Report: Accountability key to marketing's influence in business

New research out of Macquarie University finds marketing teams who develop data analytics and financial performance capabilities are more likely to gain influence inside businesses

Dr Hume Winzar
Dr Hume Winzar

Marketing leaders who show accountability in terms of performance, market share and effectiveness of marketing programs are more likely to be trusted and gain influence with their executive counterparts.

That’s the finding of new research undertaken at Macquarie University into how marketing departments can improve their strategic position within organisations, as well as what key metrics they need to possess to win the hearts and minds of more financially-driven executives.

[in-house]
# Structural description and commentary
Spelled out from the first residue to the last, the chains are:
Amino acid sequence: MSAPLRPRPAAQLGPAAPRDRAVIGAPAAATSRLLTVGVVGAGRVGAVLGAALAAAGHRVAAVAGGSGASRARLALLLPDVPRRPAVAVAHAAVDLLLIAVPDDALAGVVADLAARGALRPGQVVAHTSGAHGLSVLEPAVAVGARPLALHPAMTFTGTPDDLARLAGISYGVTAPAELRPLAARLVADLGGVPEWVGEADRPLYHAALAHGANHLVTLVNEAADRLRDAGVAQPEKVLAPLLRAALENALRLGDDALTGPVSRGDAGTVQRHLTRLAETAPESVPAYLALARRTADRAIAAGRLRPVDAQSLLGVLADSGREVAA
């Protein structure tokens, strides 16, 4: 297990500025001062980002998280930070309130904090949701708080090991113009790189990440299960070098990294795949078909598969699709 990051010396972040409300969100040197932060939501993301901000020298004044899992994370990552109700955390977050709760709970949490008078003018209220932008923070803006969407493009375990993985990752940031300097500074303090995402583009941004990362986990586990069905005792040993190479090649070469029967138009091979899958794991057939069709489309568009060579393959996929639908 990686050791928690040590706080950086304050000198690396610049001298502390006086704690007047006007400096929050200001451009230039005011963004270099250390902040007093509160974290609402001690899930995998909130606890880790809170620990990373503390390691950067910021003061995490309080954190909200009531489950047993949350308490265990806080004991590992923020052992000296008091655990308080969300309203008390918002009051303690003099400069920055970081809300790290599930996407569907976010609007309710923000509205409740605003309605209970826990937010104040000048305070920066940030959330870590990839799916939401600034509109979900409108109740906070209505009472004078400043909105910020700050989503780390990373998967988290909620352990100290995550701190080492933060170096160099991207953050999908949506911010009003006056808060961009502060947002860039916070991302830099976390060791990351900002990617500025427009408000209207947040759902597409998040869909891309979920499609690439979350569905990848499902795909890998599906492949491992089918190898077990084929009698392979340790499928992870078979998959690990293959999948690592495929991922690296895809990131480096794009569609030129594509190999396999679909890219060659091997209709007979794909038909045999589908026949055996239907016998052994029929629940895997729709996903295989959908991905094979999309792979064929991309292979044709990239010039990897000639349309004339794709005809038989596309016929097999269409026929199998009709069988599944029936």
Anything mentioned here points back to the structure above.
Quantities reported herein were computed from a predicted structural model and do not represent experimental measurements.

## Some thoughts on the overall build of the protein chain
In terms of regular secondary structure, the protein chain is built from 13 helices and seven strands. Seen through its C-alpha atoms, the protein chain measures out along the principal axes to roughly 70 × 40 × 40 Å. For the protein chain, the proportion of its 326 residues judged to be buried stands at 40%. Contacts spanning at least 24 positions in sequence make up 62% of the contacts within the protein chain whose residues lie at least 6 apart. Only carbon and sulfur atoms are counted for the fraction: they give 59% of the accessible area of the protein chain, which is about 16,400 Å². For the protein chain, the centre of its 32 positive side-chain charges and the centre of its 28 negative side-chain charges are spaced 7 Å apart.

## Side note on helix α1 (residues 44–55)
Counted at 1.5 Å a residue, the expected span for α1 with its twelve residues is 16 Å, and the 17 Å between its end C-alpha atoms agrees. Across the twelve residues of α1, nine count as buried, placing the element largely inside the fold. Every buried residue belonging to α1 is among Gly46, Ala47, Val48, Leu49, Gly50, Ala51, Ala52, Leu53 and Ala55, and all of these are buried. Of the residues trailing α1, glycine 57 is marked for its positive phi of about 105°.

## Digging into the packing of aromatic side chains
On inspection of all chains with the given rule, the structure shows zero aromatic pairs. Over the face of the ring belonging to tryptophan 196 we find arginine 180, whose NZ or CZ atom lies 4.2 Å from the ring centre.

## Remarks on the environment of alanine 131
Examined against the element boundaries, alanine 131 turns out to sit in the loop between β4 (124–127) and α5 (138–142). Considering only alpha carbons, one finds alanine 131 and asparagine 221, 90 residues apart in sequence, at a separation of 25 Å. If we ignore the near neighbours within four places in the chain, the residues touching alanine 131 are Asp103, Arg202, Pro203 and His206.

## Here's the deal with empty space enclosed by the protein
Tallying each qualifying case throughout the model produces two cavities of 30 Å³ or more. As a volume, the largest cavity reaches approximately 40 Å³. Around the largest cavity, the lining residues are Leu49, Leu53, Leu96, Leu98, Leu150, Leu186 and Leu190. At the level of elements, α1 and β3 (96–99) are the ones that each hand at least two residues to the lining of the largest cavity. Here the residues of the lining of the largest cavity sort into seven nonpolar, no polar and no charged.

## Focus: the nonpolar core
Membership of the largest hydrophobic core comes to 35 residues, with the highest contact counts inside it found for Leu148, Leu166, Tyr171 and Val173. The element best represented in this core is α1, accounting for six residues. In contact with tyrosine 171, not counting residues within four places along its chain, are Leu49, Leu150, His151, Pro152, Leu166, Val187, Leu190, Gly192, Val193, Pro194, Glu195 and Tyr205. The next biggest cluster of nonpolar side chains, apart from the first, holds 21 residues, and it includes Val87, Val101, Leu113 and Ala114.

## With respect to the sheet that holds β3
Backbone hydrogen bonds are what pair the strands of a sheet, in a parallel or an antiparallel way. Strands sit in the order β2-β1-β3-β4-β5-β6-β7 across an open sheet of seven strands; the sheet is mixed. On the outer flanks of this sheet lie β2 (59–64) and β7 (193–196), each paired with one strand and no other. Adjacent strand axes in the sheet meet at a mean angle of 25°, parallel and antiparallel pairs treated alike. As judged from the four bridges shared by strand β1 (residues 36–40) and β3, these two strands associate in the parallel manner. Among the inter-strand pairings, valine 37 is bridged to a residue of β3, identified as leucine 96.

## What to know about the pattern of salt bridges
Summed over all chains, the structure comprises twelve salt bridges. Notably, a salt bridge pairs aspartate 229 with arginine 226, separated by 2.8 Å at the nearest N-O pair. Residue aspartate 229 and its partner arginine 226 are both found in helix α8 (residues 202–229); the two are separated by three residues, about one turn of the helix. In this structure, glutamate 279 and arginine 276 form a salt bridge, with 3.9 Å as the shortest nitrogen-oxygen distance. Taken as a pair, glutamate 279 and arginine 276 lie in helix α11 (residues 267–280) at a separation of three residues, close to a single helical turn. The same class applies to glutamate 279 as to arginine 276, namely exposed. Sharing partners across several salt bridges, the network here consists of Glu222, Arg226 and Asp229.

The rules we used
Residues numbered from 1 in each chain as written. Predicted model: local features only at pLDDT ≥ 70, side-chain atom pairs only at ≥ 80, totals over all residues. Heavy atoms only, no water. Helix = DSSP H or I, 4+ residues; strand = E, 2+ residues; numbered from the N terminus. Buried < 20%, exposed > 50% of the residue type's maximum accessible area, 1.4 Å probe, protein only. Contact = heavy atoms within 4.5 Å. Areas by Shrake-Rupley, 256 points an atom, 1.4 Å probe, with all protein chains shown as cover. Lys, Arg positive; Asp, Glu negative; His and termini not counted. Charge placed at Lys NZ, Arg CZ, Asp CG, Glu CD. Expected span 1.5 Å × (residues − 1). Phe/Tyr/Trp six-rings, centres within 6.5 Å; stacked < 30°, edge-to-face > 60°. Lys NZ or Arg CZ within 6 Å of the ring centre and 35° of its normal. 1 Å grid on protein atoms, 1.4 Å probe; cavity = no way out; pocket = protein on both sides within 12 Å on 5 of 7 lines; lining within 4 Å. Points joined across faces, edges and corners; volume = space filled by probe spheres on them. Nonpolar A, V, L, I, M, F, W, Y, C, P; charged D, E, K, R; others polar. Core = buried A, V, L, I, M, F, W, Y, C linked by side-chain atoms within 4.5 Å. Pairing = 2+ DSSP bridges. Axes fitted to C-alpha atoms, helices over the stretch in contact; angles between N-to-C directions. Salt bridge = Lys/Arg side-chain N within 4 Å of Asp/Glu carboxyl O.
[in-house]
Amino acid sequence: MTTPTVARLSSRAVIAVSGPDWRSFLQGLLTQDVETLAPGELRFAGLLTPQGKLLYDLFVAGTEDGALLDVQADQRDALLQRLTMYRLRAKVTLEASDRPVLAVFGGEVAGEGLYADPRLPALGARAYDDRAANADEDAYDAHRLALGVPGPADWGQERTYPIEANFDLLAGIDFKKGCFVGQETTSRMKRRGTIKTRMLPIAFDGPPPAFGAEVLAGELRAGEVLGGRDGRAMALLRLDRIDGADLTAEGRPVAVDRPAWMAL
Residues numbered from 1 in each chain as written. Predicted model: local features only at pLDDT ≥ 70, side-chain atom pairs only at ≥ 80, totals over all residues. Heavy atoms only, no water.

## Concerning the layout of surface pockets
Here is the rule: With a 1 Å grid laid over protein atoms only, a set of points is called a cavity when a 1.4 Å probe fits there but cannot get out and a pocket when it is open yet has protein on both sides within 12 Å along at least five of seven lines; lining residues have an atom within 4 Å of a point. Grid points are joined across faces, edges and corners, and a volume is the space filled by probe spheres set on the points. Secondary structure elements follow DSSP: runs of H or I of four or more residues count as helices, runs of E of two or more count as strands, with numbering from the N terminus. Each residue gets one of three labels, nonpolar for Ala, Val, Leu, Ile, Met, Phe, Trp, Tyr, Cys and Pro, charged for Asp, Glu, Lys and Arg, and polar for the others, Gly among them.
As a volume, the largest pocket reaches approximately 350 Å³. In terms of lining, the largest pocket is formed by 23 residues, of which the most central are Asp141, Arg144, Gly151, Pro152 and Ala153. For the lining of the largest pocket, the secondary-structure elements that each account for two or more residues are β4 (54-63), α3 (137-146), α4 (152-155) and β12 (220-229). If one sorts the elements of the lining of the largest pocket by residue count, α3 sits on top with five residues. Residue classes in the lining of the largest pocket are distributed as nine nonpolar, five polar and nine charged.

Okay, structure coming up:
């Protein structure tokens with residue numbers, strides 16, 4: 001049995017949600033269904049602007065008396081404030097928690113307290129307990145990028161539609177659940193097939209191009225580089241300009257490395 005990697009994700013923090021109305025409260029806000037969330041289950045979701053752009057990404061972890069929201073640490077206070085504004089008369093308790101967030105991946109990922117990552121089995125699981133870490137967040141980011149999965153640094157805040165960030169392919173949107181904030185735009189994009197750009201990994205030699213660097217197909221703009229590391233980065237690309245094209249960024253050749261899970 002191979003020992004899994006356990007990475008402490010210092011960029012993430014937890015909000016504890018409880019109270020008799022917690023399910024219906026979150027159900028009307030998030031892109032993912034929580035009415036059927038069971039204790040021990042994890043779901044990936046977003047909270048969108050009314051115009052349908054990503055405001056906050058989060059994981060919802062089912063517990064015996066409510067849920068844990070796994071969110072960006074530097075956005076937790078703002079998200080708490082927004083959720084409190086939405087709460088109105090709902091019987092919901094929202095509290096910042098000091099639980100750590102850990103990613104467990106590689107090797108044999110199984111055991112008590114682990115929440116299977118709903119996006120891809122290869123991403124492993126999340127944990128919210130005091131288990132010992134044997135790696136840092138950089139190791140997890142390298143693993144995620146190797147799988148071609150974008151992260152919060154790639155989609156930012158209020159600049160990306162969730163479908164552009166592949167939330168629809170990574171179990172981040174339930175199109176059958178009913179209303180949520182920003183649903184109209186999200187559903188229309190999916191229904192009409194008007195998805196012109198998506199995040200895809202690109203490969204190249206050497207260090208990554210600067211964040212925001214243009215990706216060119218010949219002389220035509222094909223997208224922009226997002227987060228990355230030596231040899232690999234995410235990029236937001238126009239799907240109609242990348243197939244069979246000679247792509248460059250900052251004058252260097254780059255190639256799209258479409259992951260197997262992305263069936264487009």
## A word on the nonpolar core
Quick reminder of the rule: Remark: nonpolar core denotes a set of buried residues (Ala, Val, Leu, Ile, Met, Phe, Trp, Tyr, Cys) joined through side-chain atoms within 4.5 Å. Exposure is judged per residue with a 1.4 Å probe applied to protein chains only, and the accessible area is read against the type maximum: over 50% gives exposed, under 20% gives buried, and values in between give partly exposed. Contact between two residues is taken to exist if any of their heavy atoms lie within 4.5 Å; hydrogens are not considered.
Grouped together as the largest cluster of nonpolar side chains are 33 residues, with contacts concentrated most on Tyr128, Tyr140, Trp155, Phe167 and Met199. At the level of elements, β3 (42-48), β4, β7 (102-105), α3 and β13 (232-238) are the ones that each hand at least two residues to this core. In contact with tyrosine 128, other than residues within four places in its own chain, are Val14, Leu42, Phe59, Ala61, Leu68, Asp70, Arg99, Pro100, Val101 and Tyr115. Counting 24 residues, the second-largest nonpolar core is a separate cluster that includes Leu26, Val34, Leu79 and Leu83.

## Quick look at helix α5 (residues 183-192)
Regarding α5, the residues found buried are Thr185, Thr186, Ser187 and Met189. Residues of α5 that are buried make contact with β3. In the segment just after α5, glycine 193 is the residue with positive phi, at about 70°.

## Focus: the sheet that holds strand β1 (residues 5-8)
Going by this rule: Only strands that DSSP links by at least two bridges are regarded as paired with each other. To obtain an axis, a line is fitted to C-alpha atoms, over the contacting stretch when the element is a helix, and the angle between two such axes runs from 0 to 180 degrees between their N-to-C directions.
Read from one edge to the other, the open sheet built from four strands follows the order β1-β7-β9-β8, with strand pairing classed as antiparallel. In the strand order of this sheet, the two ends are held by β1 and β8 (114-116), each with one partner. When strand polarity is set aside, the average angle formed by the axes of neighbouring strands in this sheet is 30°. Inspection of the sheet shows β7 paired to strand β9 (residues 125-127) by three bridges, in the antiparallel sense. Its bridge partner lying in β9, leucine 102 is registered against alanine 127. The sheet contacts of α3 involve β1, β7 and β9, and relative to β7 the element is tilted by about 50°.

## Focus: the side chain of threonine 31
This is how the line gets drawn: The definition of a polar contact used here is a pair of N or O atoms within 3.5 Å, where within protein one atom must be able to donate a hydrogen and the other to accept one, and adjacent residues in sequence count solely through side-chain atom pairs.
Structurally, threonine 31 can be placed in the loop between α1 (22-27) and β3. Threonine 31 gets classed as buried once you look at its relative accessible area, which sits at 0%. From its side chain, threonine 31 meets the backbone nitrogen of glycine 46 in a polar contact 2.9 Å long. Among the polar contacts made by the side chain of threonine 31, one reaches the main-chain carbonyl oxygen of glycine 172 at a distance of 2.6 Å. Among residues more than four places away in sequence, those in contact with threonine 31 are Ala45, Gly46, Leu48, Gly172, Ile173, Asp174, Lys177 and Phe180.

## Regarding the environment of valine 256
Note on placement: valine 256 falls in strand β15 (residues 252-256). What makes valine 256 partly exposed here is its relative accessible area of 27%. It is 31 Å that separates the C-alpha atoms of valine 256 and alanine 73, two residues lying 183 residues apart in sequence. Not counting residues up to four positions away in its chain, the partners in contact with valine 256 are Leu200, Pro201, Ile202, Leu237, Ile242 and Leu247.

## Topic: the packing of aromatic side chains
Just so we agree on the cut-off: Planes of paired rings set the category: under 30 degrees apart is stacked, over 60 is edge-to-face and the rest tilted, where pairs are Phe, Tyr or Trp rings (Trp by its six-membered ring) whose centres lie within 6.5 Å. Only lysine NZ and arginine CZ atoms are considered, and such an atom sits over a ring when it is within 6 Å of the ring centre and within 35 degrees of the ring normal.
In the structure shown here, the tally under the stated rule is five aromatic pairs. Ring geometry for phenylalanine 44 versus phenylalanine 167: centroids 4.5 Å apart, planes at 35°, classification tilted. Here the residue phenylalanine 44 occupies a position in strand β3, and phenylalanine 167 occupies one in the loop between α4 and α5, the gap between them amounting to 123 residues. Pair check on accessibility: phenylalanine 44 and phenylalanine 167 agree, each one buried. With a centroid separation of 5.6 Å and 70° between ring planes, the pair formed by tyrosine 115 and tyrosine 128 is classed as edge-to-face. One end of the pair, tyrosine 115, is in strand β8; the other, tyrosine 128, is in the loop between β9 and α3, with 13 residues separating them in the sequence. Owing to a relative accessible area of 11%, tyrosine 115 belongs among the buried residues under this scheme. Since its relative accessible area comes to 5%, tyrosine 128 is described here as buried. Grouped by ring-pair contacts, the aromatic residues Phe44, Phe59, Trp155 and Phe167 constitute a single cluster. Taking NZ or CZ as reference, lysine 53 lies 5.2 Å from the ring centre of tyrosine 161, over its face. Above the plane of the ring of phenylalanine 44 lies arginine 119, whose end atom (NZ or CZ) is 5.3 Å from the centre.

The PhD research, which has just been submitted, was based on market research undertaken in two phases by PhD student, Adam Gaskill, and overseen by Dr Hume Winzar (pictured), marketing professor in the university’s Faculty of Business and Economic. Their objective was to understand marketing’s accountability in the eyes of finance leaders in particular, and the extent to which certain metrics contribute to marketing’s position of influence.

The first stage of the research was a qualitative survey of dozens of senior finance leaders from large technology companies mainly in Australia, to find out how these executives understand marketing’s role, as well as measure it.